American Fable is ambitious, maybe too much so sometimes, but there's an intense pleasure in the boldness of the film's style.
Horror-comedy "Yoga Hosers," Kevin Smith's latest scatological experiment, takes elements from his previous movies and stitches them together to form tedious Franken-gags. The snarky convenience store clerks of "Tusk," Smith's misconceived (but relatively straight-faced) horror flick, return to stop a decades-old conspiracy hatched by a Canadian Nazi and his ... sentient Nazi sausages. That may sound like a novel premise, but in Smith's infirm hands, it sinks beneath the weight of schticky jokes about Canada (They all say "aboot" and eat "Pucky Charms!"), Nazis (they all say "Nein," and "Wunderbar!"), and teen girls (they can't get away from those darn iPhones!). "Yoga Hosers" is tiring, and not because it's dumb or inherently obnoxious. No, as RogerEbert.com's resident Kevin Smith apologist, it pains me to say this, but: this movie should have been made by someone with more discipline.
"Yoga Hosers" starts off simply enough: inseparable teenagers Colleen C. and Colleen M. (Lily-Rose Depp, and Harley Quinn Smith, respectively, daughters of Johnny and Kevin) are in tenth grade, and want to attend a twelfth grade party hosted by handsome senior Hunter Calloway (Austin Butler) and his gross friend Gordon Greenleaf (Tyler Posey). But Colleen C.'s dad (Tony Hale) is going on a vacation with his catty girlfriend Tabitha (Natasha Lyonne). So the Colleens have to mind the Eh-2-Zed, Canada's answer to the Quick Stop convenience store you see in "Clerks." And while the girls pine for Hunter, murderous, butt-invading Nazi bratwursts—or "Bratzi"—infiltrate the Eh-2-Zed.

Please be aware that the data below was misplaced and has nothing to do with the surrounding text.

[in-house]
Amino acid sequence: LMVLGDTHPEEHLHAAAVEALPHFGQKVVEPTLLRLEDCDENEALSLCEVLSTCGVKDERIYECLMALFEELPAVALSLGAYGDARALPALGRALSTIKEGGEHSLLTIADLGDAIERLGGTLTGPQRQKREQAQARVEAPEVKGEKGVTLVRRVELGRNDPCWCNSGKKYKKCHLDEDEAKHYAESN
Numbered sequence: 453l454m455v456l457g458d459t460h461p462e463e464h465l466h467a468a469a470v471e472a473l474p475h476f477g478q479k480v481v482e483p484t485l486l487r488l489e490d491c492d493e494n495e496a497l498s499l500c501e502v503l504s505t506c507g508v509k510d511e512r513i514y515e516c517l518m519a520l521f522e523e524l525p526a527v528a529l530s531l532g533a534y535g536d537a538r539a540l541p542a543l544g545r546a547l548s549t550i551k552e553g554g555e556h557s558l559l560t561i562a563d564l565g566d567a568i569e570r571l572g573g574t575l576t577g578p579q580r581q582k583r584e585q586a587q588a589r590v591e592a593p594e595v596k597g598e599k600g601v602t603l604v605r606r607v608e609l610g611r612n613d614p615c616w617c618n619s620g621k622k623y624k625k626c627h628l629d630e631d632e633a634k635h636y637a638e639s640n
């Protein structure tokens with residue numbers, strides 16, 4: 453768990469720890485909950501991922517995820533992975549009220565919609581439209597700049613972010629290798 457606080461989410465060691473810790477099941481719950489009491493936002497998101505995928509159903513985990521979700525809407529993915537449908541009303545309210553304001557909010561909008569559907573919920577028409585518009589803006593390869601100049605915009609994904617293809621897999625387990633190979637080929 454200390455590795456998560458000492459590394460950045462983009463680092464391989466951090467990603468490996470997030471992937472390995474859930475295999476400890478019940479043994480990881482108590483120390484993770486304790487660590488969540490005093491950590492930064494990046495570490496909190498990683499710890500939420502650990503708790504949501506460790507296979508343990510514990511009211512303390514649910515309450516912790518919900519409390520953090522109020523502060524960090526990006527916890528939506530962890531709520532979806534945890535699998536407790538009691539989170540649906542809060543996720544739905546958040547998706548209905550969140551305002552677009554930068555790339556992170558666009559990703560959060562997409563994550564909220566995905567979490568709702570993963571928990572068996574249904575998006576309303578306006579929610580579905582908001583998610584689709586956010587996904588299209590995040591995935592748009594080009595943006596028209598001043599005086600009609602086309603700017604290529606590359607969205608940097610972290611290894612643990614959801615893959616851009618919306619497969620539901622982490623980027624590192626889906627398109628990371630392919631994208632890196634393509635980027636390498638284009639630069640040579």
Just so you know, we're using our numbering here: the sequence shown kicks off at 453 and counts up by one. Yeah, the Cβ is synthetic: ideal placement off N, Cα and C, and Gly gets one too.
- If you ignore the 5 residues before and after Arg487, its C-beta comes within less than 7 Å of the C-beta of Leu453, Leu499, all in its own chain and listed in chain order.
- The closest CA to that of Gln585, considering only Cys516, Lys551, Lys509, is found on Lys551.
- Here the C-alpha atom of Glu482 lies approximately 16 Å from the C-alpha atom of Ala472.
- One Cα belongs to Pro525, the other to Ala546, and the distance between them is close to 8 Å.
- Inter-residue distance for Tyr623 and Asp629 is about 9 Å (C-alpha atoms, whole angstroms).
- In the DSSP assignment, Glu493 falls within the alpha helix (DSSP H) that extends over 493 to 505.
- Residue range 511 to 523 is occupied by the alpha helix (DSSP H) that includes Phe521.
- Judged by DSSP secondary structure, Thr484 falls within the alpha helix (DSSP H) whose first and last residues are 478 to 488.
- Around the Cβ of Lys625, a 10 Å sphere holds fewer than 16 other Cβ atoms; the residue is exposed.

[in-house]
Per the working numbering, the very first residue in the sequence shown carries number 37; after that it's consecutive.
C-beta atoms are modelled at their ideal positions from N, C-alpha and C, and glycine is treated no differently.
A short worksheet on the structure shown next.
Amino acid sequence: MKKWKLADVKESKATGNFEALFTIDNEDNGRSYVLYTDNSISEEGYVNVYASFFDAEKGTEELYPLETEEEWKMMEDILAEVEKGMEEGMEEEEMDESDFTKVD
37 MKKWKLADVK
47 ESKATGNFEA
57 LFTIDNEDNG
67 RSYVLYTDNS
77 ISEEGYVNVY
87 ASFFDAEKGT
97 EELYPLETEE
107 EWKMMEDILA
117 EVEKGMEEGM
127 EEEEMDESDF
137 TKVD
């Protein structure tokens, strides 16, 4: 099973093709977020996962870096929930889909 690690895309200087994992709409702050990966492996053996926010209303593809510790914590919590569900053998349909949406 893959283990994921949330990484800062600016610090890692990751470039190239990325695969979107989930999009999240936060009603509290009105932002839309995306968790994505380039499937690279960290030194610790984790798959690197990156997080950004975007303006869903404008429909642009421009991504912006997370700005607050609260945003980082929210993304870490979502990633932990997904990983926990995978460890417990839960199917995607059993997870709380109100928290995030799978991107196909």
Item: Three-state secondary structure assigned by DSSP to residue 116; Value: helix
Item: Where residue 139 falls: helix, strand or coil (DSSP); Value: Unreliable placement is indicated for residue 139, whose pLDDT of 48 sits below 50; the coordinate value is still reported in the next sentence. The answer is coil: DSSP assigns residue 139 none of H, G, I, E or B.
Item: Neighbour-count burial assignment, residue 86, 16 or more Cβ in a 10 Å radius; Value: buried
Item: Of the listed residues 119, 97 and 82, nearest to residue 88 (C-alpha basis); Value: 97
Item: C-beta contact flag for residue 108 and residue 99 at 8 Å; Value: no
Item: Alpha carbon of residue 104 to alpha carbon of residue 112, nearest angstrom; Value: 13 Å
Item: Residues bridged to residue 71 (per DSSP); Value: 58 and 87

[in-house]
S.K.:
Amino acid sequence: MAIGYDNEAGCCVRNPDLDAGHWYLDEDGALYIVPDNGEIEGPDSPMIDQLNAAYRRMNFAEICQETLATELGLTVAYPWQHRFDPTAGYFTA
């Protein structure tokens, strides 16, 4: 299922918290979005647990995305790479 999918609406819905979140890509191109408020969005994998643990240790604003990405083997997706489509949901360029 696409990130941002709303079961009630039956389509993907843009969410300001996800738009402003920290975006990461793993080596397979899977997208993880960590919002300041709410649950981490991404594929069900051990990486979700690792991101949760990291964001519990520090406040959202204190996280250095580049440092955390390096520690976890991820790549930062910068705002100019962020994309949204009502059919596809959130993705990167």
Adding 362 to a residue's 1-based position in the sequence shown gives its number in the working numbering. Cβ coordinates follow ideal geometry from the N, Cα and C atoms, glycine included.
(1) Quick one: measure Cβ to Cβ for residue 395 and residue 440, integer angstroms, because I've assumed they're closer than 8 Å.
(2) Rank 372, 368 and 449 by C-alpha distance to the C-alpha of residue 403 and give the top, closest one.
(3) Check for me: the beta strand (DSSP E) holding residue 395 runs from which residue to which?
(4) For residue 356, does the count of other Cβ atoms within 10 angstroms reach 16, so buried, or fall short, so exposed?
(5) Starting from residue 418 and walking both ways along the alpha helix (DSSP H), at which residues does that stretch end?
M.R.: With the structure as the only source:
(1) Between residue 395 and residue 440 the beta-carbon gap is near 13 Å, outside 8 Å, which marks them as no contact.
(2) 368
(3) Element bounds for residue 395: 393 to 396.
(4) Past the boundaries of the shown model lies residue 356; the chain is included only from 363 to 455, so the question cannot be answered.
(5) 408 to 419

Yes, I said "butt-invading Nazi bratwursts." And no, I'm not shaking my head while I type this. Nazi meat-stuffs that sodomize their victims to death are not the worst of this film's problems. So no, Smith isn't an utter moron for coming up this premise. It could have been quite funny. In fact, if the creators of "South Park" had done it, "Yoga Hosers" might have been hysterical.
Unfortunately, Smith made "Yoga Hosers," a reality that sinks in with every sloppy joke, scattershot line-reading and uninspired wide-shot. That's right, even basic photographic coverage feels amateurish in Smith's films, a signature trait I must reluctantly admit to ignoring with some of his recent output. His main strength as a filmmaker and storyteller is his tendency of presenting a personal or just singular worldview. Say what you want about "Tusk," but there is not only a bizarre premise that holds together but a genuinely weird atmosphere, long enough for it to become clear that Smith has no idea where he's going. "Tusk" is disappointing, but it at least tried to do something new. "Yoga Hosers" feels like they took the wrong elements out of "Tusk" and spun-it-off into misguided schtick.